In “Local exhibit examines prison system’s roots” (Nov. 23), the Star Tribune described a new exhibit at the Minnesota Historical Society on the incarceration of American Indians. A few days later, I spent some time viewing that exhibit. While I found it to be interesting, it was also very troubling as it contained misleading information.
There is one overarching focus in the exhibit, and that is the internment camp at Fort Snelling, where Dakota dependents were held the winter of 1862-1863. This camp was established in the aftermath of Minnesota’s U.S.-Dakota War. As I am very familiar with the U.S.-Dakota War but not with later aspects of incarceration, I will limit my comments to the time of the war.
The war was caused by converging factors. The Dakota’s traditional way of life was disappearing, as both fur-bearing and game animals were becoming scarce. But many Dakota wanted to hold on to that way of life. The Dakota were not able to live on the proceeds from their treaty payments, and they believed the U.S. government was not fully honoring those treaties. The annuity payment was late in arriving in 1862 because of the Civil War; Dakota who had not taken up farming were hungry. Indian Agent Thomas Galbraith refused to distribute the food he had in the warehouses until the annuity arrived; traders withheld credit. Finally, four Dakota killed five settlers at Acton on Aug. 17, and the Dakota did not want to turn the four over to white authorities. The war began on Aug. 18.
The exhibit refers to the Fort Snelling internment camp as a concentration camp or an incarceration camp. The name concentration camp conjures up images of Nazi camps. This camp was not even remotely similar to the Nazi camps. It was actually a compassionate response by the white authorities.
After the Dakota had killed many hundreds of whites, some very brutally, and held prisoner many women and children, the whites in Minnesota were totally enraged against them, and many wanted revenge. The white military authorities prevented this by taking the Dakota dependents to the camp at Fort Snelling. They were fed soldiers rations, given medical care and protected from vengeance-seeking whites.
Had the Dakota dependents been left to fend for themselves, huge numbers would have been killed by the whites or starved to death, as they did not have food laid up for the winter. None of us today would want those things to have happened.
The exhibit makes the point that many Dakota died in the camp. It is correct in that, although the number of deaths is open for debate. While many Dakota did die in the camp, many people in the white communities also died. Disease took a toll on both communities, as it did among Civil War soldiers. But the exhibit conveniently chooses to present just one side of the story.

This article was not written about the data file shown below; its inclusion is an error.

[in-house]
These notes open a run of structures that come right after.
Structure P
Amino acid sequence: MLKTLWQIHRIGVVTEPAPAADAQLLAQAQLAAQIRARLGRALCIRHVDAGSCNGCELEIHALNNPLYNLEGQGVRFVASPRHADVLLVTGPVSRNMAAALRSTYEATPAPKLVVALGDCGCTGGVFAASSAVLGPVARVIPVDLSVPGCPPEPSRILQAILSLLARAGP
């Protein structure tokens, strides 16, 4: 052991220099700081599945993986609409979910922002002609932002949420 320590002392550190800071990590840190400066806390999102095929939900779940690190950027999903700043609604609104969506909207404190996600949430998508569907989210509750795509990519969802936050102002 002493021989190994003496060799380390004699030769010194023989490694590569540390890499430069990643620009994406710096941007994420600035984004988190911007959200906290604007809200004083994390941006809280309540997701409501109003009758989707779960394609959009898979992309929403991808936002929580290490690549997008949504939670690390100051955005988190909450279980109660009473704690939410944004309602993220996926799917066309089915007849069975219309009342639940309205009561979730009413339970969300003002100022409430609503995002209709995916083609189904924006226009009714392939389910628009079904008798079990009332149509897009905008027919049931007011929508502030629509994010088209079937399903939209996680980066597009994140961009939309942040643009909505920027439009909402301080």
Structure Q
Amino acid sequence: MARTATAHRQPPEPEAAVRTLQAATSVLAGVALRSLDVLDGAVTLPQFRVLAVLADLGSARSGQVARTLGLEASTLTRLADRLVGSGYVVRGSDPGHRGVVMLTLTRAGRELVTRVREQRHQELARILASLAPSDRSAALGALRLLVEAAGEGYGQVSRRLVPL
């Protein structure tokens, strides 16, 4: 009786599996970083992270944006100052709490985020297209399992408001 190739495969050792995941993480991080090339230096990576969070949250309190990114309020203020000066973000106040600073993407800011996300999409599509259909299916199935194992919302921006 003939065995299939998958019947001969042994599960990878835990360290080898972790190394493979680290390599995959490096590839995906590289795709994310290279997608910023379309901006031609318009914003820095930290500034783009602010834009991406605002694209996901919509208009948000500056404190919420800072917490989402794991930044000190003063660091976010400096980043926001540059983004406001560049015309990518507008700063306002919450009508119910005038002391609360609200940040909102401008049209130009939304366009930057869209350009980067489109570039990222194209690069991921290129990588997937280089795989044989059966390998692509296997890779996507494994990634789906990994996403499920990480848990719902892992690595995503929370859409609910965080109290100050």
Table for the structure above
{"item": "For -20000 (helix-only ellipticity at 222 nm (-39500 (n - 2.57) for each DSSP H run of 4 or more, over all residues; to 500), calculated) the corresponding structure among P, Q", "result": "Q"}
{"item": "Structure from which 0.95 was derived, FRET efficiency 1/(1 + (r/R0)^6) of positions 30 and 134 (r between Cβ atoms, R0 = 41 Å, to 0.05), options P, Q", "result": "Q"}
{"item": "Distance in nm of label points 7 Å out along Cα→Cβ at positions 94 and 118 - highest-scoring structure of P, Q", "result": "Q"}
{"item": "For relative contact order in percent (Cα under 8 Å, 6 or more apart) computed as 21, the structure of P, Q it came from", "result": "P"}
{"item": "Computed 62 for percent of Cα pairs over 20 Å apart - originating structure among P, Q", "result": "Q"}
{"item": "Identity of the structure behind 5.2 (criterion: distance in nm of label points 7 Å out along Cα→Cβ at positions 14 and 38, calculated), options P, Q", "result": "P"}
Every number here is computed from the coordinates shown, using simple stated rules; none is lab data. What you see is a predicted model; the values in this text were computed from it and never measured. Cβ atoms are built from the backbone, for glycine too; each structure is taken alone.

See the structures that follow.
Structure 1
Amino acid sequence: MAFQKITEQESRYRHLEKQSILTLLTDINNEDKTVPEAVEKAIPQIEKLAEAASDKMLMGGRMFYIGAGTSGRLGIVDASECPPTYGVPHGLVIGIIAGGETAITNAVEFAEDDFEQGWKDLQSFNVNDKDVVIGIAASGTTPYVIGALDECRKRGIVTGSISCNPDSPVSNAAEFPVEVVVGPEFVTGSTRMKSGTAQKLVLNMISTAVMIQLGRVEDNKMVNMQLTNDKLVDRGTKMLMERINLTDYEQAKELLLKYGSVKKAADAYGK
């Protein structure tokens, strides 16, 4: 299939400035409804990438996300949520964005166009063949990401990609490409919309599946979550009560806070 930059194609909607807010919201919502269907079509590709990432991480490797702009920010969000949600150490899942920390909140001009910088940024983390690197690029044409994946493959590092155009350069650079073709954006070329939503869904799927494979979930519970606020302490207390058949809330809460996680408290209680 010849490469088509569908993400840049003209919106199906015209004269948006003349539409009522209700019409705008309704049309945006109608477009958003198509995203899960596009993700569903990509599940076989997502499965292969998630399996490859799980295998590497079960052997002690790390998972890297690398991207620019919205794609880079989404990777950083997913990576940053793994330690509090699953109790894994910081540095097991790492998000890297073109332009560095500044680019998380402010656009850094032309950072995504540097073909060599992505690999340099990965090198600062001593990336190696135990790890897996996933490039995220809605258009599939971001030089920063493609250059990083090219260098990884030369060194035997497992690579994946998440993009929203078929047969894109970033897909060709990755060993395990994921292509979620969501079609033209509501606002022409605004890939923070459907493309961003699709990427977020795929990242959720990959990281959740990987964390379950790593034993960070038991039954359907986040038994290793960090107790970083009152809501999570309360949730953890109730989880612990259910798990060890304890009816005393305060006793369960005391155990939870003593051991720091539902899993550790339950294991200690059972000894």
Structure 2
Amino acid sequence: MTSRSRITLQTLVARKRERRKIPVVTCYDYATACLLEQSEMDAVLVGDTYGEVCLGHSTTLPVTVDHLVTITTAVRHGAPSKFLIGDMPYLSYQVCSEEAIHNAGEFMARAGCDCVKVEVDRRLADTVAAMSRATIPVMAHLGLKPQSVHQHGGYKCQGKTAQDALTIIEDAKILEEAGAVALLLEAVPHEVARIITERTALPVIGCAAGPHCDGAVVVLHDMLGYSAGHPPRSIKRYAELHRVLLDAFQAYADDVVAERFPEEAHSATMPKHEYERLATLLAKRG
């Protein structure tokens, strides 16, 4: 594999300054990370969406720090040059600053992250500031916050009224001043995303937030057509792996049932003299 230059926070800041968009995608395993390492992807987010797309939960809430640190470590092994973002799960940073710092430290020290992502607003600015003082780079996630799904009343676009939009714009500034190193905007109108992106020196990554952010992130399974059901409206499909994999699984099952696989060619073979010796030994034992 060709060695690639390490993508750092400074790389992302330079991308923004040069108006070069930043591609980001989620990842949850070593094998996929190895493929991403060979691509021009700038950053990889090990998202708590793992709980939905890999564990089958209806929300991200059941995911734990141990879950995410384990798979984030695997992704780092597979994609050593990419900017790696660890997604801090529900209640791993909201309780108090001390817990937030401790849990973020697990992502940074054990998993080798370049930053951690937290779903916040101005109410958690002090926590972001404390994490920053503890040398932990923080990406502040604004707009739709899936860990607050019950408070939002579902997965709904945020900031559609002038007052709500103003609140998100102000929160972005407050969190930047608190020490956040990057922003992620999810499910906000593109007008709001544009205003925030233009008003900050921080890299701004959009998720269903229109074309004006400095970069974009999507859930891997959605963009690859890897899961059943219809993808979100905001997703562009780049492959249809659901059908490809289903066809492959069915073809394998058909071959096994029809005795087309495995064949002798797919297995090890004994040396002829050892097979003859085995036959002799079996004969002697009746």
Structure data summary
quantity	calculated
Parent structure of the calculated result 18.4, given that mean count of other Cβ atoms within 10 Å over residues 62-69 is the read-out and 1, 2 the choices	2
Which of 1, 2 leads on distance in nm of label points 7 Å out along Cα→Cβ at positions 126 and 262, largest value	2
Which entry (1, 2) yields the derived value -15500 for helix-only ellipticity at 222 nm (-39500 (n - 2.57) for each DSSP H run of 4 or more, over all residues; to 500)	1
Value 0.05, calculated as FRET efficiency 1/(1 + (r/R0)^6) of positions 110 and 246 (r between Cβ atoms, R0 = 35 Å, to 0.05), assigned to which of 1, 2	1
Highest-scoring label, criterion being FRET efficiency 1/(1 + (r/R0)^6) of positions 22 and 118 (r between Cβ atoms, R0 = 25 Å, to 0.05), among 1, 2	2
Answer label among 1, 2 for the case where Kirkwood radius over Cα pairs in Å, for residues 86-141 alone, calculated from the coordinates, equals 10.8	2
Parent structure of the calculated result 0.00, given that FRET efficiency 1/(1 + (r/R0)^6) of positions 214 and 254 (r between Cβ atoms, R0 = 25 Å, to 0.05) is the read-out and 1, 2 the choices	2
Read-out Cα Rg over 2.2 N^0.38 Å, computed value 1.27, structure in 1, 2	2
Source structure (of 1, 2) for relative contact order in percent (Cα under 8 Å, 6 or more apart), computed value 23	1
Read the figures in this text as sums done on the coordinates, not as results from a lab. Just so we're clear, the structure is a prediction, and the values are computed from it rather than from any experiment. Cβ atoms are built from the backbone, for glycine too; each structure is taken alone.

While the camp was certainly not a happy place, and most Dakota would likely have preferred not to be there, it did save their lives. It was a rough time, with few good options available to the authorities. Calling the camp a concentration camp is a flagrant misrepresentation.
While the main part of the war occurred in 1862, killings continued over the following three years. By the end, 580 settlers — men, women and children — and 70 soldiers had been killed. About 100 Dakota warriors were killed. The exhibit states that several hundred settlers and several dozen U.S. soldiers were killed in 1862. This grossly understates the numbers. In fact, the numbers they cite were killed on the first day of the war alone.
I find it interesting that the exhibit is correct that about 100 Dakota warriors killed (it cites 150 at another place in the exhibit), while vastly understating the number of whites killed.
The exhibit states that “After the Dakota War, an Extermination Order resulted in the execution of 38 + 2 Dakota in Mankato.” President Abraham Lincoln, in approving the execution of the 38, did not issue an “Extermination Order,” but an order to execute the 38. Using incorrect and inflammatory language such as “Extermination” is inexcusable. Its use has only one purpose, and that is to make things appear even worse than they were. I think we are better than that in Minnesota.
Also, the exhibit laments the hanging of the 38 Dakota. One has to expect that huge actions, such as the killing of many hundreds of people, will result in a huge reaction, such as the hanging of the 38. To expect it to be otherwise is not realistic.
Facts are the foundation of all that historians do. If the facts are not accurate, the public is misled. The people of Minnesota deserve to be presented the truth about this most significant and tragic event in their state’s history.
Curtis Dahlin lives in Roseville.